The diversity of Bet Tikvah encompasses not only the social, but also the spiritual. Because the congregation is not formally affiliated with any of the four major branches of Judaism (Orthodox, Conservative, Reform, and Reconstructionist), its members maintain an openness to individuals from any of these backgrounds, as well as to non-Jews like Terry Boots and to 'cultural Jews' whose Jewish identity is more ethnic that religious. This theological pluralism is appreciated by members like Jonathan Robison, who proudly describes himself as "half Jewish, half Buddhist, and half radical humanist." But despite this pluralism, Bet Tikvah remains true to its religious mission. Says Carole Stone, "This is one of the most spiritual congregations I have ever been to." Adds Terry Boots, "This is truly a congregation of faith."

All of Bet Tikvah's members agree that diversity is one of the congregation's greatest strengths. Also characteristic of the group is its participatory, non-hierarchical structure. With no rabbi and no president, Bet Tikvah is entirely led by its rank-and-file members, who take turns leading services. Member Deb Polk notes of this arrangement, "I/m just so glad when I listen to the sermons. It's so neat to hear everybody's diverse perspectives. It's fun and exciting to be pushed and challenged and to hear a perspective that you might not have thought of yourself." Larry Stone observes that this collective responsibility is a blessing to those who participate. While leading Yom Kippur services, he told the congregation, "Speaking is easy when you're in a room where you love the people and the people love you."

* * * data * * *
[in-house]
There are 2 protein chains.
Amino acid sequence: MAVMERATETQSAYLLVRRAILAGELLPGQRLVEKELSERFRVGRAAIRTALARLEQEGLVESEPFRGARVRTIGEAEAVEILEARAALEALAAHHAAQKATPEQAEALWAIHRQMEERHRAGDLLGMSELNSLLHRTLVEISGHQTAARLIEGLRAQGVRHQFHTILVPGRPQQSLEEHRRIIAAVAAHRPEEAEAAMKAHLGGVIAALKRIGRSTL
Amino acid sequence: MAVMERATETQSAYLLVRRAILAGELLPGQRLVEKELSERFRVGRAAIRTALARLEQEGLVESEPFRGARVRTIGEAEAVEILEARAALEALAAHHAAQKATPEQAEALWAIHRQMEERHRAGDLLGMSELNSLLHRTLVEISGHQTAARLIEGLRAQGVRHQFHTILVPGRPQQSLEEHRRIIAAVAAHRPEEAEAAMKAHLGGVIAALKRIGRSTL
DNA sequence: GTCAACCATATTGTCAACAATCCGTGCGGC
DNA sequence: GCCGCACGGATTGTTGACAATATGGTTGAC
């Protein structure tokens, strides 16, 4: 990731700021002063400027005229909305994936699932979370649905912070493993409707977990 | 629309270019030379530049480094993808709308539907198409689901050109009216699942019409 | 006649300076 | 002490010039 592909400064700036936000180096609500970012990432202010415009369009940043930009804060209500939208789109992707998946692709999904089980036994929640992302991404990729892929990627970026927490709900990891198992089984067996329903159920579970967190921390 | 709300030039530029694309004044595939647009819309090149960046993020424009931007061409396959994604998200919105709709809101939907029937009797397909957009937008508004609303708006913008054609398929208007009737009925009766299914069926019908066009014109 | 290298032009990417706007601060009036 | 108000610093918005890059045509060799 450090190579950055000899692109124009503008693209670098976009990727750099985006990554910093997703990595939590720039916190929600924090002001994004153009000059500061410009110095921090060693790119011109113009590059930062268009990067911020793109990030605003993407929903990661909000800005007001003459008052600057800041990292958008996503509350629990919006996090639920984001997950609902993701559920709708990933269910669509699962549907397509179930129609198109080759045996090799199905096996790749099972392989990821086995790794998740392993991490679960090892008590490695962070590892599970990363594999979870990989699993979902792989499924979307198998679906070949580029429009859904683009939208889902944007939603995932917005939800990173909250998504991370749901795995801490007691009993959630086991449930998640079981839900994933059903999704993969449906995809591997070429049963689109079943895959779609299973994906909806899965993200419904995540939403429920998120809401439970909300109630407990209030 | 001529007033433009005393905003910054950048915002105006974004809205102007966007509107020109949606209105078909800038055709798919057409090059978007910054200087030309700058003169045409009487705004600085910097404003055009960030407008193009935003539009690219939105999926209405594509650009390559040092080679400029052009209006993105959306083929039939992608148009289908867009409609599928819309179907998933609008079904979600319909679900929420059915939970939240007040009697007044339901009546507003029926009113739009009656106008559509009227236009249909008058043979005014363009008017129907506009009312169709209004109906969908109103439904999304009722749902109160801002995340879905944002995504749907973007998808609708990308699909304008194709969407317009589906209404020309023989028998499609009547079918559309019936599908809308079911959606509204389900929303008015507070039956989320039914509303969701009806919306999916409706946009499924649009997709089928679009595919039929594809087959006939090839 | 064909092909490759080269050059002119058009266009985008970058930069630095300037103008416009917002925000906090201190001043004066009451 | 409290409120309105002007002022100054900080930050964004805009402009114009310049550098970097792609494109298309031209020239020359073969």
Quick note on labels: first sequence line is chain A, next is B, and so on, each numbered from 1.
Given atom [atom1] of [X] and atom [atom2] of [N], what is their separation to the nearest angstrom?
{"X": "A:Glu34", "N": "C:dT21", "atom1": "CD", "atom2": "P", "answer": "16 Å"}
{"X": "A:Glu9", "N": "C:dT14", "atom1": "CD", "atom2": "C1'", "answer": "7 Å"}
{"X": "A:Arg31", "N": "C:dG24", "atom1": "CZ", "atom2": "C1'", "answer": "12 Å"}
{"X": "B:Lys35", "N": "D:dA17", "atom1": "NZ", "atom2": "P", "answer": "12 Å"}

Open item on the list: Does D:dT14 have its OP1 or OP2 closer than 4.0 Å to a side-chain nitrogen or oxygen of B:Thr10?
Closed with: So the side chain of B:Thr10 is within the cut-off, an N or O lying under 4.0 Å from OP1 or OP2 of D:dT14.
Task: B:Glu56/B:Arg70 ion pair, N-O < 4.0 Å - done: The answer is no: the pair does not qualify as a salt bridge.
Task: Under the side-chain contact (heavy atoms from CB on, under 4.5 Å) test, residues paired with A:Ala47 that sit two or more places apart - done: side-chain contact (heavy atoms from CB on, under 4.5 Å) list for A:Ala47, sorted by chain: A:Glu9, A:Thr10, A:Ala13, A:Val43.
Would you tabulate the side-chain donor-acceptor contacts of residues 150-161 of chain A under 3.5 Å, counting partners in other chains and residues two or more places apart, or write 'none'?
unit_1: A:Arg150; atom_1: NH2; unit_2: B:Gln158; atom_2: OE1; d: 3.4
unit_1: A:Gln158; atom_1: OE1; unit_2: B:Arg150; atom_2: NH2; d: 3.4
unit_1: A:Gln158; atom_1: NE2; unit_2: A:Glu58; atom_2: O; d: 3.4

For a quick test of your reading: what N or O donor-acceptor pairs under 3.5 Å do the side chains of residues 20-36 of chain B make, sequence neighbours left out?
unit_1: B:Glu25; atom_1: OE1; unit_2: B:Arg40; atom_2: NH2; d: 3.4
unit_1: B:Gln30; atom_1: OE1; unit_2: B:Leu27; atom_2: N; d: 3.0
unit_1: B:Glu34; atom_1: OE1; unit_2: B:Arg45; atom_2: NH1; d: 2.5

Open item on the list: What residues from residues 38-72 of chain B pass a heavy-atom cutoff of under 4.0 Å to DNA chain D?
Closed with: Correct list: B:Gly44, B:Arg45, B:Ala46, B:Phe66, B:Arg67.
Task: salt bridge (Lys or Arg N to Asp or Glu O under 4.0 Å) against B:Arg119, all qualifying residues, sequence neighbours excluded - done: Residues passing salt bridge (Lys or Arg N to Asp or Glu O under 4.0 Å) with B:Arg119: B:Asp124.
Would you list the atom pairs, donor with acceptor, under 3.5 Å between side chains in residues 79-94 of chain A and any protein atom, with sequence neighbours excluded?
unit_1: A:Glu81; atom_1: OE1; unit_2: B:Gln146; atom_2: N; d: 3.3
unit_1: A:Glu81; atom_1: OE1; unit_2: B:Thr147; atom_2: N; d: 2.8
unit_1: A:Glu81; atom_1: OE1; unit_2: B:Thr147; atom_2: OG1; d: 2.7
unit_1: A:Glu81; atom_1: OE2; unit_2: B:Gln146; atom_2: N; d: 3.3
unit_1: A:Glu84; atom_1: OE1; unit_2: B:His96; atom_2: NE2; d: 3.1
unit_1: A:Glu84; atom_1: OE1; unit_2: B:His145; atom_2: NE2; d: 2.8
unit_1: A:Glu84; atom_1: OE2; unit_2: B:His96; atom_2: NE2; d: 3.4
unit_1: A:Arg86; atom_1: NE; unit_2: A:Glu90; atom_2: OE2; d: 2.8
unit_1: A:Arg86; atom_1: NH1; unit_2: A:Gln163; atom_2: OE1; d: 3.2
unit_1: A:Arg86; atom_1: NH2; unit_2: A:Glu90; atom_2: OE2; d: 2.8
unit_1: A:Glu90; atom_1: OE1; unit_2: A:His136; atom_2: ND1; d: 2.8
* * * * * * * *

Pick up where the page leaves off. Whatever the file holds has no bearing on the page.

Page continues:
Bet Tikvah members stress that while theirs is a Jewish faith community, grounded in the Hebrew scriptures and the historical experiences of the Jewish people, they are welcoming to all. Says Bruce Hyde, "If you come to Bet Tikvah you will not be ignored. People are important to us." Adds Terry Boots, "This is a warm, caring, sweet group of people. And the food is wonderful!"

Individuals interested in attending Bet Tikvah's services or social activities can find the times and locations at the congregation's web site (